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Around the World (the Hard Way) Tour

Guest Ed Guest

Hi all,

For the past couple of weeks I've been working on an Around the World Tour, flying south over the South Pole, then continuing north over the North Pole. I call it "the hard way" because flying over the poles involves some very long distances without any chance to land, and navigation over the poles presents some problems in FS09.

I started at Los Angeles International Airport (KLAX) because that was the last place I landed when the tour came to mind. I'm flying my old fave, the Lear Jet 45. The advantage of the Lear for a trip like this is that it's reasonably fast, but can take off and land on a fairly short runway. In really remote regions, that's a big advantage. The drawback, of course, is that the range is only about 2500 nm, not really enough to cross the polar regions without a bit of cheating. So I cheated. So sue me. 😉

I decided to fly south along the western coast of South America, because I had done the eastern coast a couple of times recently. From Punta Arenas (SCCI) near the southern tip of Chile, it's several hundred miles across the Southern Ocean to the nearest sizeable airport on Antarctica, at Base Marambio (SAWB). That's a very strange little airport, a gravel runway sitting on top of a plateau, 760' above sea level. What's strange is that due to one of FS09's "geographical discontinuities," the first 100' or so of runway is UNDER WATER, although it's high above the surrounding ocean. You've got to see it to understand what I mean, but you don't dare land right at the threshhold, or you'll get a "water crash." Weird.

From Base Marambio and south, it gets really strange. Flying in the extreme polar regions in FS09 is a very strange trip, indeed. I think that in FS09, the world is not round, it's modeled on a flat surface. That means that space is very distorted when you get near the poles.

Since it's not possible to fly in a straight line and wind up where you want to go, I just picked a spot 180 degrees away in longitude and let the autopilot figure out how to get there. That spot happened to be the town of Albany, in southwestern Australia. And that happens to be more than 4000 nm away, hence the necessity to cheat-- I gave the Lear unlimited fuel to get me over the Antarctic continent.

The first several hundred miles was normal enough, but the closer you get to the south pole, the more "crooked" space becomes. The plot of the course on the map looks like a big flattened "U," even though you are theoretically flying a straight line (a Great Circle, more or less over the South Pole). But when you get way far south, you are flying diagonally relative to the ground-- the terrain appears to pass under the plane at an angle, not from the front of the plane to the rear, but from front-left to right-rear. And the terrain blinks on and off. And sometimes the plane just starts flying big S-curves. It's just weird.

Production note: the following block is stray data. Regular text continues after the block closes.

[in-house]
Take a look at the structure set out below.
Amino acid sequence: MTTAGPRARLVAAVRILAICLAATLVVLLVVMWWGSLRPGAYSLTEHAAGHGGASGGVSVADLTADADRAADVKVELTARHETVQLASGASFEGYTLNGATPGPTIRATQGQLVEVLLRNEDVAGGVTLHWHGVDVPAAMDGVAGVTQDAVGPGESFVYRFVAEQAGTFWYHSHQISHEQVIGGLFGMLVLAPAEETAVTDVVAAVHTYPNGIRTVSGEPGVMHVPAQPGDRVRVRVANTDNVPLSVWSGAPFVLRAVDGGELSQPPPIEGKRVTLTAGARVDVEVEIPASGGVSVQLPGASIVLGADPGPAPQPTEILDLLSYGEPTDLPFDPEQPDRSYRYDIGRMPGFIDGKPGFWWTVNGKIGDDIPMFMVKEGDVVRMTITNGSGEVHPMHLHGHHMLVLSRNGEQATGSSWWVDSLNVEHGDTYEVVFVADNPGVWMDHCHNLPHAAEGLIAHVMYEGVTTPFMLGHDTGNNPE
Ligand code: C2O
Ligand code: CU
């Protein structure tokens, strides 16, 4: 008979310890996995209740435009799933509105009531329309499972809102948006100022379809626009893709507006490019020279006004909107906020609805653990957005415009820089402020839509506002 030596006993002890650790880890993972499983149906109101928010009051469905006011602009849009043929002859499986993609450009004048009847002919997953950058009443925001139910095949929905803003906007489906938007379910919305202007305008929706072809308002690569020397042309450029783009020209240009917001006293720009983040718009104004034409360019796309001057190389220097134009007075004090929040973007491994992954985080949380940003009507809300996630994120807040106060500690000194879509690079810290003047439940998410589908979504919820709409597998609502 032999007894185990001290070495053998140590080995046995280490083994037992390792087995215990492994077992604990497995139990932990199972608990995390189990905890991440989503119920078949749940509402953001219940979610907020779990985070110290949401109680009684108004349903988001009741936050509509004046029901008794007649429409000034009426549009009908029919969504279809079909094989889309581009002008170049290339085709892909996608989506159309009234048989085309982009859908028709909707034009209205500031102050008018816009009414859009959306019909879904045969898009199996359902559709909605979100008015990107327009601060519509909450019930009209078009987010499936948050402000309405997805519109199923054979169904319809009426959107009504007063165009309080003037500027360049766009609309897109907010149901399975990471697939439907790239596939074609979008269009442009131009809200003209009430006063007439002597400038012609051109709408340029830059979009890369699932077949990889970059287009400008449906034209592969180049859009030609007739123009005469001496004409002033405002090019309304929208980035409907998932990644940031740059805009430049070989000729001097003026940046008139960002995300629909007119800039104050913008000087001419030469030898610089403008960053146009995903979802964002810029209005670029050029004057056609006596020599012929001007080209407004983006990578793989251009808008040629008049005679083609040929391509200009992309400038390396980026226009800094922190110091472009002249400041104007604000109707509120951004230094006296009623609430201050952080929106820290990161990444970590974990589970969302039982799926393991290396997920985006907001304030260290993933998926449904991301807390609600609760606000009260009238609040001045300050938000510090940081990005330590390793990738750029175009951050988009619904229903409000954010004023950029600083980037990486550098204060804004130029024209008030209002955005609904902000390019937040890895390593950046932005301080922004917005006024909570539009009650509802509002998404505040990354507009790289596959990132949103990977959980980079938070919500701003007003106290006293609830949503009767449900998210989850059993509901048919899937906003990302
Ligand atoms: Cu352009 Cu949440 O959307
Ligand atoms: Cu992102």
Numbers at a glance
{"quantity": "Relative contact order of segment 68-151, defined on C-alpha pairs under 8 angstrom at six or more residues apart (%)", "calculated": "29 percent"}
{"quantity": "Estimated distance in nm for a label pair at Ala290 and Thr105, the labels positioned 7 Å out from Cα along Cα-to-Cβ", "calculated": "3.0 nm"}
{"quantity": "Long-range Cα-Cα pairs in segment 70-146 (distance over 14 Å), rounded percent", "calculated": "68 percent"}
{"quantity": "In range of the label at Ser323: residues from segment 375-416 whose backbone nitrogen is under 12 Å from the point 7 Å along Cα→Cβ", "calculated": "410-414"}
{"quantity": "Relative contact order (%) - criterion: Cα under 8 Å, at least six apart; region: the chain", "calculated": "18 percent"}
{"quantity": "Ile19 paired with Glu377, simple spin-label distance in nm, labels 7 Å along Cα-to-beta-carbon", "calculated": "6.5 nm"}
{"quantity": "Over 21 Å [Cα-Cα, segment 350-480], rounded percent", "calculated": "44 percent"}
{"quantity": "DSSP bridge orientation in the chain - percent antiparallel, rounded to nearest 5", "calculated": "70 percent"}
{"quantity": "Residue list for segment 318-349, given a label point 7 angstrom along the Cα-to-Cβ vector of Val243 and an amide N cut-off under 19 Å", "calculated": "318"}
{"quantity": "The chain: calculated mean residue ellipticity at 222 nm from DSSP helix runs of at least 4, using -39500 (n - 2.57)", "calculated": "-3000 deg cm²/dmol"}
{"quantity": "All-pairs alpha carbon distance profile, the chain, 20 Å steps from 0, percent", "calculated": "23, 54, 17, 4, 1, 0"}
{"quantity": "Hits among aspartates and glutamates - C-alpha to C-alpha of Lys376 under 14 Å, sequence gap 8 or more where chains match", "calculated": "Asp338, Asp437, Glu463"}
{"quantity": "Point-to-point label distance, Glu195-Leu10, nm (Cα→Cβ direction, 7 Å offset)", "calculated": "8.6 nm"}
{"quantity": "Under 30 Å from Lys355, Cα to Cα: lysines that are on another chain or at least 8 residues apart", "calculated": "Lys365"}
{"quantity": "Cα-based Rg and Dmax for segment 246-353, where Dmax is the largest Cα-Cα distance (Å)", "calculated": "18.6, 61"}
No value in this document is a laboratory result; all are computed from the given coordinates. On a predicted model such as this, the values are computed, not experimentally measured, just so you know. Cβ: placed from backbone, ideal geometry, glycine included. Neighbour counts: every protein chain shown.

So I finally made it over to Australia, and continued north, first landing in northwestern Australia, then Brunei, and most recently in Hong Kong.

I think I will hug the Pacific Coast of Asia as I continue north, because I learned on my Around the Arctic tour that there is a whole lot of nuthin' in the far northern regions of central Asia. That was the first place I ever opened the Nearest Airport menu in the GPS, and it was BLANK. I opened the map to find an airport and the nearest one I could land at was over 1200 nm away! Not the place to run out of fuel.

So I think I will stay to the east, maybe drop in on my friends Olga and Ekaterina at that lonely airport on the Kamchatka Peninsula, then continue over the North Pole to Canada, and south to sunny California.

Ed

Pro Member Chief Captain
RadarMan Chief Captain

Keep us posted, and don't pick up any strange packages from a "new friend" to deliver as a favor.

Radar

Guest Ed Guest

I completed the Around the World (the Hard Way) tour this evening. As I said in my last post, I continued north from Hong Kong along the eastern coast of Asia, crossed the Arctic Ocean to Thule AFB on Greenland, then south and west back to Los Angeles. There was a magnificient Aurora Borealis west of Greenland at about 8 PM yesterday (in sim time).

For those of you keeping score, here is the complete itinerary. I didn't always record the name of the city, sometimes I just wrote down the airport ID:

Southbound--
KLAX Los Angeles, California
MM0F Cabo San Lucas, Baja California, Mexico
MPTO Panama City, Panama
SPHI
SCDA
SCTE
SCCI Punta Arenas, Chile
SAWB Base Marambio, on an island off Antarctica

Over Antarctica, then Northbound--
YABA, Albany, Australia
YPLM, Learmouth, Australia
WBSB, Brunei
VHHH, Hong Kong
ZYTL, Zoushuizi, Peoples Republic of China
UHPP, Yelizovo on the Kamchatka Peninsula, Russia
UHMP, Pevek, Russia (on the Arctic Ocean)

Over the Arctic Ocean, then South bound again:
BGTL, Thule AB, Greenland
CYOD, Cold Lake, Canada
KLAX, Los Angeles, Home Sweet Home.

Okay, now I'm ready for some low 'n' slow flying! 😂

Ed

Pro Member Chief Captain
liam (Liono) Chief Captain

Ed it's always a pleasure to read your tours.

Pro Member Chief Captain
Insight Chief Captain

huh

slightly off topic but this post made me think about it..

Does FS9 make odd things happen in the Bermuda Triangle?

Pro Member First Officer
michlin First Officer

Insight wrote:

huh

slightly off topic but this post made me think about it..

Does FS9 make odd things happen in the Bermuda Triangle?

Huh? What topics are you referring to?

and no.

Pro Member Chief Captain
Insight Chief Captain

I was saying.. the question I was about to make was off topic.. but <insert off topic question about bermuda triangle here>

🙂

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